There are a few issues with doing a test a night or two. Firstly the most obvious being that you could have good nights and you could have bad nights and your test just happens to be on a good night and gives you a false negative. The other issue is that you would need to stop for a while before you got realistic results, kind of like how if I forget my Thyroid medication one or two days I may not even realize it until a week later because it is not an on/off switch, when you stop there is still going to be residual effects for a fair while. 

With that said you could do a test to see how it is looking BUT odds are you will get a false negative unless you completely stop for an extended period of time before testing, and also as someone has already said while a CPAP machine can tell you if you are still having apneas with the machine it can not tell you if you are not having apneas without the machine because there is no way to set it to 0 pressure and as such even on the lowest possible settings you are still getting some form of treatment.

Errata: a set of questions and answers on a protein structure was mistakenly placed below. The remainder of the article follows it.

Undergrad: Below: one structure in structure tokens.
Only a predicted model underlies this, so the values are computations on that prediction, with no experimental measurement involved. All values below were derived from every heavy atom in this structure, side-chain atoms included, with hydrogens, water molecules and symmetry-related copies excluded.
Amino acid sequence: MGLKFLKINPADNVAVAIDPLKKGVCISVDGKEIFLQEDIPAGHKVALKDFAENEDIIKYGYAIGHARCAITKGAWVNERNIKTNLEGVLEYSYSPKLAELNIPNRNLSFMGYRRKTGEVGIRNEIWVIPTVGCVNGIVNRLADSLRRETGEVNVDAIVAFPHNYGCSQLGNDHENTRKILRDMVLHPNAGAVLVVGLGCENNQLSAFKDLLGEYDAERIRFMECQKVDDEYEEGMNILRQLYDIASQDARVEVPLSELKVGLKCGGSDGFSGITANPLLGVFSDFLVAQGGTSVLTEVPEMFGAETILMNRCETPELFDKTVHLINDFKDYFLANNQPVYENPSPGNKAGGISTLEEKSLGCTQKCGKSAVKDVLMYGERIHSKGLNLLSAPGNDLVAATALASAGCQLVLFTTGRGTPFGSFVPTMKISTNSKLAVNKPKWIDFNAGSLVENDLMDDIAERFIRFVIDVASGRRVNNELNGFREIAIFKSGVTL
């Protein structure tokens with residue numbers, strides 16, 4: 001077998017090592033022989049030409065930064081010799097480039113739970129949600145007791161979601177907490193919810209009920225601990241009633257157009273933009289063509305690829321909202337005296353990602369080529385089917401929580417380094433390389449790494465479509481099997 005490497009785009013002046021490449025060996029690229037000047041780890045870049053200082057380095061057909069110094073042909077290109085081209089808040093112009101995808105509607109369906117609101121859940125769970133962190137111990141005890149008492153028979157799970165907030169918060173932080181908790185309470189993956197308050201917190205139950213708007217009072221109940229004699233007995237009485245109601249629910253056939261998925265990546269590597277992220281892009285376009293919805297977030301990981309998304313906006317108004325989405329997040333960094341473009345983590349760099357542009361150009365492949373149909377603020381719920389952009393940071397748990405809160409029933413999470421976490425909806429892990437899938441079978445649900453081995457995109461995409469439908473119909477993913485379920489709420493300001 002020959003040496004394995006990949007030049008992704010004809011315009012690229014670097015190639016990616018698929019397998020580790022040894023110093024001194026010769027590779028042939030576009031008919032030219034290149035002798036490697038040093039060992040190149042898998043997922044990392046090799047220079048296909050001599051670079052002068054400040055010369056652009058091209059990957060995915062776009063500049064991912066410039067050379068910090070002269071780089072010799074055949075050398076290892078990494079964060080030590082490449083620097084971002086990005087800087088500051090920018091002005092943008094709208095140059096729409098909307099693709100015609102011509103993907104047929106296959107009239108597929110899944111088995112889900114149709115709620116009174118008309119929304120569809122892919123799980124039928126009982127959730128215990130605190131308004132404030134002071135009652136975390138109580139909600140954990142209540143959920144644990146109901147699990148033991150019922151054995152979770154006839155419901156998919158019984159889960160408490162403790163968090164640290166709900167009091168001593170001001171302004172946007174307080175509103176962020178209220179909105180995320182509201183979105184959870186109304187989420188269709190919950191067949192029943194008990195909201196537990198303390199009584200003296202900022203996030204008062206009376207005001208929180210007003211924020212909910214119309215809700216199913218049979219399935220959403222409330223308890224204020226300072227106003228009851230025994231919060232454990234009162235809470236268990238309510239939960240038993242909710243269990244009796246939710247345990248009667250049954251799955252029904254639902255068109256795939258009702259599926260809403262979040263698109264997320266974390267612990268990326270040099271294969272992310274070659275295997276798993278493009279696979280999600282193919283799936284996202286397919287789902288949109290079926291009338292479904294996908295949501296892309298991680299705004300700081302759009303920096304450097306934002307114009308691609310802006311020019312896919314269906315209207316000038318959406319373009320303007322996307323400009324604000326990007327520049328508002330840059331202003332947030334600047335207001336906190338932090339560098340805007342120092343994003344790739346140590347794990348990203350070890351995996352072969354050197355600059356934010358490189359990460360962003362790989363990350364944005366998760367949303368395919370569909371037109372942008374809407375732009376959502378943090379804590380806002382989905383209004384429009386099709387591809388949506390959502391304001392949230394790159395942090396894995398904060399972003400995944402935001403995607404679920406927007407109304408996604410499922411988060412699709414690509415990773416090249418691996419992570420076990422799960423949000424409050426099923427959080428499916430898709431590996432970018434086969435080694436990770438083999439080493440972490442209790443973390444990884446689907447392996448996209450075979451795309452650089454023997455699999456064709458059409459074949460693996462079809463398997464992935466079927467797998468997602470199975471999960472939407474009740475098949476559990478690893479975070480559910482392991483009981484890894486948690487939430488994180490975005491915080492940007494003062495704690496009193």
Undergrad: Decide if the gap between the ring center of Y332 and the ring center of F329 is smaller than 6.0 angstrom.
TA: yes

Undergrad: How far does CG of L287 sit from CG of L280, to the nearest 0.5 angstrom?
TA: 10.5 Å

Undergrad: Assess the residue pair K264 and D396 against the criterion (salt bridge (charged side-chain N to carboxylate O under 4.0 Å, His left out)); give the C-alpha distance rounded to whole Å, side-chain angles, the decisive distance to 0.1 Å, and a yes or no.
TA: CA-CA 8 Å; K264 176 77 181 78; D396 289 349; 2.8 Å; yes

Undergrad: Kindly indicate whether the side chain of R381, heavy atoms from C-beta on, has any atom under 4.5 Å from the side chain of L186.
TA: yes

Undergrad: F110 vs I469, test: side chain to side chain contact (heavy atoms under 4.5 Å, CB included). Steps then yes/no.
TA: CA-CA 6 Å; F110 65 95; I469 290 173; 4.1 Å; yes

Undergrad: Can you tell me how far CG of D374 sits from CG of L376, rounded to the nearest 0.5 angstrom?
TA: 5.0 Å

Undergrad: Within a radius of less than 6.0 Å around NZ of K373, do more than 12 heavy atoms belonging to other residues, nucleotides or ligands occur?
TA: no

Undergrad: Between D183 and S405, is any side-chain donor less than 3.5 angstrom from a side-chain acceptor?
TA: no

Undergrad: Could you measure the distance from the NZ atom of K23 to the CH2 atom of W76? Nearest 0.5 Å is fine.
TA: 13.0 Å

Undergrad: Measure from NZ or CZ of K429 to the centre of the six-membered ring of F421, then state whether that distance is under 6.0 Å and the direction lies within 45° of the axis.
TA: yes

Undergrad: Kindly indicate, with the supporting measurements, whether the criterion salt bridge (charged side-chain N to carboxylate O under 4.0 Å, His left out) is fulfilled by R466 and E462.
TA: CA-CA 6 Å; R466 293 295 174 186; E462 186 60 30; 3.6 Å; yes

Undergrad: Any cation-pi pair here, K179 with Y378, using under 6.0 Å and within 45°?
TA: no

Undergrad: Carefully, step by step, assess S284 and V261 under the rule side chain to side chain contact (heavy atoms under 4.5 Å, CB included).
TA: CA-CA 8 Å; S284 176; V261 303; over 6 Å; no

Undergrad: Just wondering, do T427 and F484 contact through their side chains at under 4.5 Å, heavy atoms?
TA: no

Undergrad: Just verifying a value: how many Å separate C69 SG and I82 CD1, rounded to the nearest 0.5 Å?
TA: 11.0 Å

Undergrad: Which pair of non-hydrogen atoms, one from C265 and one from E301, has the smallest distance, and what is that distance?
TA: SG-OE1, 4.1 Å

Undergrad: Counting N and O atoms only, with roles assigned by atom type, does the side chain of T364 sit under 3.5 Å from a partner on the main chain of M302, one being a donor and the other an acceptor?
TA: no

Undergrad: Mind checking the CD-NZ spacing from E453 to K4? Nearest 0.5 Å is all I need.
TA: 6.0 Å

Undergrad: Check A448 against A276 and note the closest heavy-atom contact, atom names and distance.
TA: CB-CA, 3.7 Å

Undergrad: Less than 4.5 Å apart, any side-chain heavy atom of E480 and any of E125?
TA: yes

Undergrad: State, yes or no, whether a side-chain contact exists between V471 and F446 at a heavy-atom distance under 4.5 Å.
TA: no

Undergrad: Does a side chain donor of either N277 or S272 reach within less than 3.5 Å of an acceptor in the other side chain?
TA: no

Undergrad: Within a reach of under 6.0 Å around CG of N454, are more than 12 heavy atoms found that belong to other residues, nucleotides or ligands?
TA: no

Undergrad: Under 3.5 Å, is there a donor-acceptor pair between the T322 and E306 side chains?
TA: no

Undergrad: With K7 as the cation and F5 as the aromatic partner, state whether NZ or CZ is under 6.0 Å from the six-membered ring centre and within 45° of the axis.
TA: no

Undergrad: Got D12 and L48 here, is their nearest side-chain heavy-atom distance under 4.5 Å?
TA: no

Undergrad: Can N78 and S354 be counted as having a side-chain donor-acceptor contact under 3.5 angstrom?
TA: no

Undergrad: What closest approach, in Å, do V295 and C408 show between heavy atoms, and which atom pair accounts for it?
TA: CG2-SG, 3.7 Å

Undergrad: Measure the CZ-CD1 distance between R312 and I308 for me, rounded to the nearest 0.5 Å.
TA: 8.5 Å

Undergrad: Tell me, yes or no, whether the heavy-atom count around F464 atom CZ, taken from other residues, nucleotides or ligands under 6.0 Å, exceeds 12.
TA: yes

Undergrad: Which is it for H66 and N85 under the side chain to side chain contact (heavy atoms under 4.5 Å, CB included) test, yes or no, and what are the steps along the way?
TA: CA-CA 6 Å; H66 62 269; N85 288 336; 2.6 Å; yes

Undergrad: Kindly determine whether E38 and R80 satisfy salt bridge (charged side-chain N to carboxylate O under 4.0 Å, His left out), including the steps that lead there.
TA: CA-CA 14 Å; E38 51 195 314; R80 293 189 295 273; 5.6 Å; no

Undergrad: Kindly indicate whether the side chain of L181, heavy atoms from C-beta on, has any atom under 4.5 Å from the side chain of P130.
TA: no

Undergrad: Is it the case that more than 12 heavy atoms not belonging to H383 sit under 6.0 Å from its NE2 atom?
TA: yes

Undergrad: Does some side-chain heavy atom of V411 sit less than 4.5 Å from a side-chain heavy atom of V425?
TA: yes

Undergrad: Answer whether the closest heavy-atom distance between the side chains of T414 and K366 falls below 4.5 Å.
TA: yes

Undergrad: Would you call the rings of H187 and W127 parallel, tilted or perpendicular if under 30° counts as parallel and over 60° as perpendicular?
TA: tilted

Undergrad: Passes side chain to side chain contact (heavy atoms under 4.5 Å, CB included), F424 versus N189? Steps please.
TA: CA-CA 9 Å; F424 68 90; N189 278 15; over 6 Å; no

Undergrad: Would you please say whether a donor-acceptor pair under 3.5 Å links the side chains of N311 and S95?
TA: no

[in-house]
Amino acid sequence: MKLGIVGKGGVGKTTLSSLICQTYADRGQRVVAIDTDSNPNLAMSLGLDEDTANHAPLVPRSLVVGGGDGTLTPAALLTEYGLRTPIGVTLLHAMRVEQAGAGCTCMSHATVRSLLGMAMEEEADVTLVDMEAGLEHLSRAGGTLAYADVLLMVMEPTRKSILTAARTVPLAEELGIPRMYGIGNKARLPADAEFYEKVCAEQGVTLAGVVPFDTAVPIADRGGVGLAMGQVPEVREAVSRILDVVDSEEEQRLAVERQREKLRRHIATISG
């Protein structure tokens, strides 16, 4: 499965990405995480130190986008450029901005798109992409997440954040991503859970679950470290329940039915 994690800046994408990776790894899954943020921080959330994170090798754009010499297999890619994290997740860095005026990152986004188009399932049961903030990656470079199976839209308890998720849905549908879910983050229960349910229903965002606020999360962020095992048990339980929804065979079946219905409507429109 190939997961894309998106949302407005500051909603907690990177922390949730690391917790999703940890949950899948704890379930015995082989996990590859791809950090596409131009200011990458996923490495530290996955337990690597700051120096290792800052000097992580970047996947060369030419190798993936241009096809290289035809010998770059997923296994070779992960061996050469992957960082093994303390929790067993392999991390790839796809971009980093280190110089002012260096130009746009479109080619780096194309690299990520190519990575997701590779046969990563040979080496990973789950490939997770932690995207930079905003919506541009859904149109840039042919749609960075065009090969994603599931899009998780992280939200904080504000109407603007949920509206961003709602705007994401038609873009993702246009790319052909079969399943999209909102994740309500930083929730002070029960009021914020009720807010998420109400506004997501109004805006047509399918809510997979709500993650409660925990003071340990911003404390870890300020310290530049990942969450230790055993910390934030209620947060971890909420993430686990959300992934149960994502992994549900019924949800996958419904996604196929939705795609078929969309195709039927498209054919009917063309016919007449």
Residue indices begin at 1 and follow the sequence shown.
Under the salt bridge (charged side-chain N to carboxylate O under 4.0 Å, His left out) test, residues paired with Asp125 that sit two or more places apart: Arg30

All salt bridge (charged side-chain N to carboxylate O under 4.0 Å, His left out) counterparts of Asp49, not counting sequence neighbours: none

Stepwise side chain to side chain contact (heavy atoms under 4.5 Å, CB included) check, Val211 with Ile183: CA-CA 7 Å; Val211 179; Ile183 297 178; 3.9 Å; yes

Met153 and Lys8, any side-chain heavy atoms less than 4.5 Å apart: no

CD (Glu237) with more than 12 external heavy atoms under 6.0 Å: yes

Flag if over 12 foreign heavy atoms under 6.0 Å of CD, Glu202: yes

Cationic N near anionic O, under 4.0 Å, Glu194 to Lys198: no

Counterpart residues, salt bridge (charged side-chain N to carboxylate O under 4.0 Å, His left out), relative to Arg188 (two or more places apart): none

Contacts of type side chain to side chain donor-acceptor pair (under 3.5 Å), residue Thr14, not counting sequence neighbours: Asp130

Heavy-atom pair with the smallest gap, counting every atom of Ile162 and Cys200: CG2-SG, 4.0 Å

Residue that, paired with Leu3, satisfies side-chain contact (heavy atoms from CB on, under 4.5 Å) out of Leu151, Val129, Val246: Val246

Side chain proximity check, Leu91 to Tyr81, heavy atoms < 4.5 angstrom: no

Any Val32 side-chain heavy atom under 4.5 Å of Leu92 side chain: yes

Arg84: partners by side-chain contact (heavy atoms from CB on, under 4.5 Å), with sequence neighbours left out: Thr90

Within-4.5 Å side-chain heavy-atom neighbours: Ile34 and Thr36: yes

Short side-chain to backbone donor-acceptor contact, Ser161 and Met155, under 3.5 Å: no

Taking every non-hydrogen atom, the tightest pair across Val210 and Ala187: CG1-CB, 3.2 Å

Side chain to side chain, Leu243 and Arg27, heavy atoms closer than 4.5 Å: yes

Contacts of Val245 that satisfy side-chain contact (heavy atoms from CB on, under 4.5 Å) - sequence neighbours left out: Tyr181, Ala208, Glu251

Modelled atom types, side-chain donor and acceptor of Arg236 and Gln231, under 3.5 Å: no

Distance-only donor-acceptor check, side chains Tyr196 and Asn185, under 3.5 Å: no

The only way to know for sure is to have a sleep study done, you could simply talk to your doctor saying "Hey I want to find out if I still need to be on CPAP can we do a sleep study to see if maybe the original cause of the apneas has gone away?" If they agree you might not need it any more then they would probably have you stop using it for a few weeks and then have you do a study to see if your causes of your apneas have cleared up.
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#8
RE: You really should get it checked